The Nissan 350Z sports car receives a host of minor changes for 2006. Mechanical updates include an increase in horsepower, to 300, for all manual-transmission-equipped cars, larger brake rotors for cars without the Brembo brake package and a new vehicle speed-sensitive steering rack. For the exterior, the Z sports a revised front bumper and new headlight and taillight designs. Eighteen-inch wheels and HID headlights are now standard on all models. Changes inside include new cloth seat material, revised climate controls and a new navigation system. Finally, Nissan has made some adjustments to the Z's trim levels. A Grand Touring trim level is now available for the coupe body style; it features the Touring trim's equipment plus Brembo brakes, spoilers and stability control. Additionally, the Track and Grand Touring trims get new RAYS super lightweight forged-alloy wheels that measure 18 inches in front and 19 out back.
Few Nissan products have a more loyal following than the Z. Light, nimble, sporty and affordable, the original 1970 Datsun 240Z was the company's first big success in America. Prospective owners had to wait nearly six months to get one. Though it became increasingly heavier and more luxurious, the Z continued to sell well throughout the '80s. In 1990, Nissan debuted an all-new 300ZX. The car had a 222-hp V6 and a new body and interior. Later in the model year, a twin-turbo 300ZX went on sale with 300 horsepower. By the mid-1990s, however, the sports car market was shrinking. A strong yen also caused the Z's price to skyrocket. Sales slid and Nissan pulled the plug on the 300ZX in 1996.
Within the depths of Nissan, however, the eternal light wasn't quite extinguished. In 1999, the Z Concept first appeared on the auto show circuit. Created in secret by a team of designers at Nissan's Southern California studios, this metallic orange car relied heavily on cues from the first-generation 240Z. Its styling wasn't perfect, and the hardware underneath was mostly 240SX, but it was enough to get Nissan's top execs, as well as the public, excited about another Z. Nearly a decade later, the Z returned and Nissan's fortunes have been on the rise ever since.
The 350Z is built on Nissan's FM platform. FM (front midship) refers to the positioning of the engine. Compared to most front-engine cars in which a considerable amount of engine weight is placed over the front wheels, the 350Z's engine is located further rearward behind the front wheels. Handling, as you might imagine, is fantastic. Blast through the gears and there's a constant, insistent rush apt to make even the most jaded driver grin like a grade-schooler driving a go-kart. Although several other manufacturers have introduced performance cars in this price range over the last few years, the 350Z remains an excellent buy for enthusiastic drivers who don't want to spend big bucks.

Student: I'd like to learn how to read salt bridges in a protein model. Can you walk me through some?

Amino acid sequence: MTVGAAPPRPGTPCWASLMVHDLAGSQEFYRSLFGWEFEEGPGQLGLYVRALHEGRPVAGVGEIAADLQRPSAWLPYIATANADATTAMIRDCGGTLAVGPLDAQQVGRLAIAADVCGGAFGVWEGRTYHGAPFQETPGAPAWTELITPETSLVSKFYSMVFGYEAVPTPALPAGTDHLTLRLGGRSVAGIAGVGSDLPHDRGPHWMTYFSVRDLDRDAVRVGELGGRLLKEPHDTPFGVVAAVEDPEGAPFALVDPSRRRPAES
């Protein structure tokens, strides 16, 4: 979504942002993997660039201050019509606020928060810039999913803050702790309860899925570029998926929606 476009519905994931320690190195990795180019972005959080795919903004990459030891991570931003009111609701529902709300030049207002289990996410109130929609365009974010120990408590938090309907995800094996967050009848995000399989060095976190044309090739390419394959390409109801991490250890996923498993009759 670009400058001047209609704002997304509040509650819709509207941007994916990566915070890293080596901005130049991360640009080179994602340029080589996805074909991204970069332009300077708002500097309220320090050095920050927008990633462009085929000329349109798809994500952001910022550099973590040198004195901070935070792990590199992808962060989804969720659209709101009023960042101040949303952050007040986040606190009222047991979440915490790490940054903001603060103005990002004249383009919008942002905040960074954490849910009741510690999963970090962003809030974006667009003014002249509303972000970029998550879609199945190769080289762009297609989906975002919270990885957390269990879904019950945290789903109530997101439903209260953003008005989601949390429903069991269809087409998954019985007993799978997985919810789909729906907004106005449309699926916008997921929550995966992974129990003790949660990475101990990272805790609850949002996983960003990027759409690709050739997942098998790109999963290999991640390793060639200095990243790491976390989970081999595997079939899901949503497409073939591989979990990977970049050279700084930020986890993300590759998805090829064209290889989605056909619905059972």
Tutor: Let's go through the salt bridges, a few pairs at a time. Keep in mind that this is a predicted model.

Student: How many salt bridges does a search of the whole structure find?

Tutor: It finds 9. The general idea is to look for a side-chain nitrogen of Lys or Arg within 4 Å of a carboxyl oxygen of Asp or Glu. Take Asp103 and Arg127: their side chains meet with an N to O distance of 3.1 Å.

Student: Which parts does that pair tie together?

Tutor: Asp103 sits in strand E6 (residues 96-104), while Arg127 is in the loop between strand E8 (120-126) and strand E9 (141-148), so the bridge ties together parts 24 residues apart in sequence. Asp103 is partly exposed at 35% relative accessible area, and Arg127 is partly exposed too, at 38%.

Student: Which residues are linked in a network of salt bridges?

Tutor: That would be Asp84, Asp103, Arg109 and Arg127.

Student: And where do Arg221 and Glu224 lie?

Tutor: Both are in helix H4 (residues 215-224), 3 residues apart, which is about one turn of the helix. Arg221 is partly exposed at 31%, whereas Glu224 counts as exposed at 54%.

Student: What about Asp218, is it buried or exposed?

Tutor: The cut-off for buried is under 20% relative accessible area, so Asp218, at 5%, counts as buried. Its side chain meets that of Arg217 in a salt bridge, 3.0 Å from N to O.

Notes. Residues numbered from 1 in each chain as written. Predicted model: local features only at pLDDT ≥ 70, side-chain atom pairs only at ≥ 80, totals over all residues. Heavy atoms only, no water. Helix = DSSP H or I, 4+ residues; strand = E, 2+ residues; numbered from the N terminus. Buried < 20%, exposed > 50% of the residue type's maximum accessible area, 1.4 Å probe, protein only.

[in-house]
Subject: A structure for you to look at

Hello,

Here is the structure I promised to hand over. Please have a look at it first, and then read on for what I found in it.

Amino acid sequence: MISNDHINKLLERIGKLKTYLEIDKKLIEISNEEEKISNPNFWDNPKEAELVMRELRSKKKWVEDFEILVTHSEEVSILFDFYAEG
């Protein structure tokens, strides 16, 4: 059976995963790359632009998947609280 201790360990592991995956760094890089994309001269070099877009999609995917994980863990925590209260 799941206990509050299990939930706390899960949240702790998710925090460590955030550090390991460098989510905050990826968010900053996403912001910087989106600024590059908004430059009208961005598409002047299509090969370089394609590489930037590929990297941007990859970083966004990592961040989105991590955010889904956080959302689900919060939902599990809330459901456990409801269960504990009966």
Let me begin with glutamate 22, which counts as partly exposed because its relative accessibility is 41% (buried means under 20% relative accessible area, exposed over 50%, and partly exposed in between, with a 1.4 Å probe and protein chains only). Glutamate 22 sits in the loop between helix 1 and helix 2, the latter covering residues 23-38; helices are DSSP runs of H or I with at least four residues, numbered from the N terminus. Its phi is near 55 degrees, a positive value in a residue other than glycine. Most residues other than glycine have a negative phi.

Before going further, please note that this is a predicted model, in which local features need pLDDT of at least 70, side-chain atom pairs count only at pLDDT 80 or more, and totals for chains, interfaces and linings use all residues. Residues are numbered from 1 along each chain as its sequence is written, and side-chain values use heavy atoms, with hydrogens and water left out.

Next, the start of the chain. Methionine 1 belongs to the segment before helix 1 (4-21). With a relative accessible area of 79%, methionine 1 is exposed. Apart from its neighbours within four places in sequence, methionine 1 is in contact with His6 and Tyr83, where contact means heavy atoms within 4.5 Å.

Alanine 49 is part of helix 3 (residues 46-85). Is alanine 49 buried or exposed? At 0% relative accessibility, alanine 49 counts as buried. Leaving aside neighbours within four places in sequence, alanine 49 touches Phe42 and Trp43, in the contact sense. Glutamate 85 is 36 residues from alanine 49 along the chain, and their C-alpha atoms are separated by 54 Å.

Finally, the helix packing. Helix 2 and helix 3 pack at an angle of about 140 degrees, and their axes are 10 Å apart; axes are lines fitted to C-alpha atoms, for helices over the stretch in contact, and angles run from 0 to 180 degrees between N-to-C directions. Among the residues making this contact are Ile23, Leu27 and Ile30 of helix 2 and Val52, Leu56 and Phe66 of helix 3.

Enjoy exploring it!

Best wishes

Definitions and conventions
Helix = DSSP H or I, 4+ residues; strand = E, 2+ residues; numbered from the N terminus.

Body Styles, Trim Levels and Options:
The 350Z is available as both a two-seat coupe and a roadster. The coupe comes in base, Enthusiast, Touring, Grand Touring and Track versions, while the roadster is limited to Enthusiast, Touring and Grand Touring trim levels. Base models come with automatic climate control; 18-inch alloy wheels; HID headlamps; power windows, locks and mirrors; a tire-pressure monitor; a CD player; and remote keyless entry. Going with an Enthusiast model sets you up with cruise control, traction control, an auto-dimming rearview mirror, a limited-slip rear differential and, on the roadster, a power-operated soft top and wind deflector. The Touring model offers an upgraded audio system, power and heated seats, leather upholstery and, on the roadster only, side airbags. For even more performance, the Grand Touring model has front and rear spoilers, stability control, 18-inch front and 19-inch rear lightweight wheels and upgraded Brembo brakes. Geared for the serious enthusiasts, the Track model has all the Grand Touring performance goodies and none of the Touring luxury items.
Powertrains and Performance:
The front-engine, rear-drive 350Z features a strong and flexible 3.5-liter V6. Similar to the engines found in the Nissan Maxima and Altima 3.5 SE, the Z's engine has variable valve timing and an electronically controlled throttle. In manual transmission models, it makes 300 horsepower, while automatic-equipped Zs make do with 287 hp. The manual gearbox is a close-ratio, six-speed unit, while the optional automatic is a five-speed with downshift rev matching.
Four-wheel ventilated disc brakes with ABS are standard on all models; the Grand Touring and Track models get an upgraded set of four-piston Brembo calipers. Side and head-protecting side curtain airbags are optional on all coupes. Regular side airbags are standard on Touring and Grand Touring roadsters and optional on Enthusiast versions.
Interior Design and Special Features:
Inside the contemporarily styled body is a driver-oriented cockpit that combines both classic and cutting-edge designs. The instrument panel features three gauge pods similar to the original 240Z, while a rear suspension brace resides prominently in the cargo area. While this brace certainly improves body rigidity, it also compromises valuable luggage space. All of the controls a driver might need are close at hand, but some of the materials used in the cockpit seem low-grade for this price range.
There's nothing special or gimmicky about getting started -- just turn the key, buckle your seatbelt and go. Around town, the V6 is quite docile, and the clutch isn't overly stiff. Open it up a bit, and the dual-exhaust pipes produce an enjoyable and throaty V6 growl. Power delivery is linear and athletic, with the most fun coming on around 4,000 rpm. During cornering, outright grip is high, and the car feels well balanced. Overall, the car offers handling equal to some of the best sports cars available.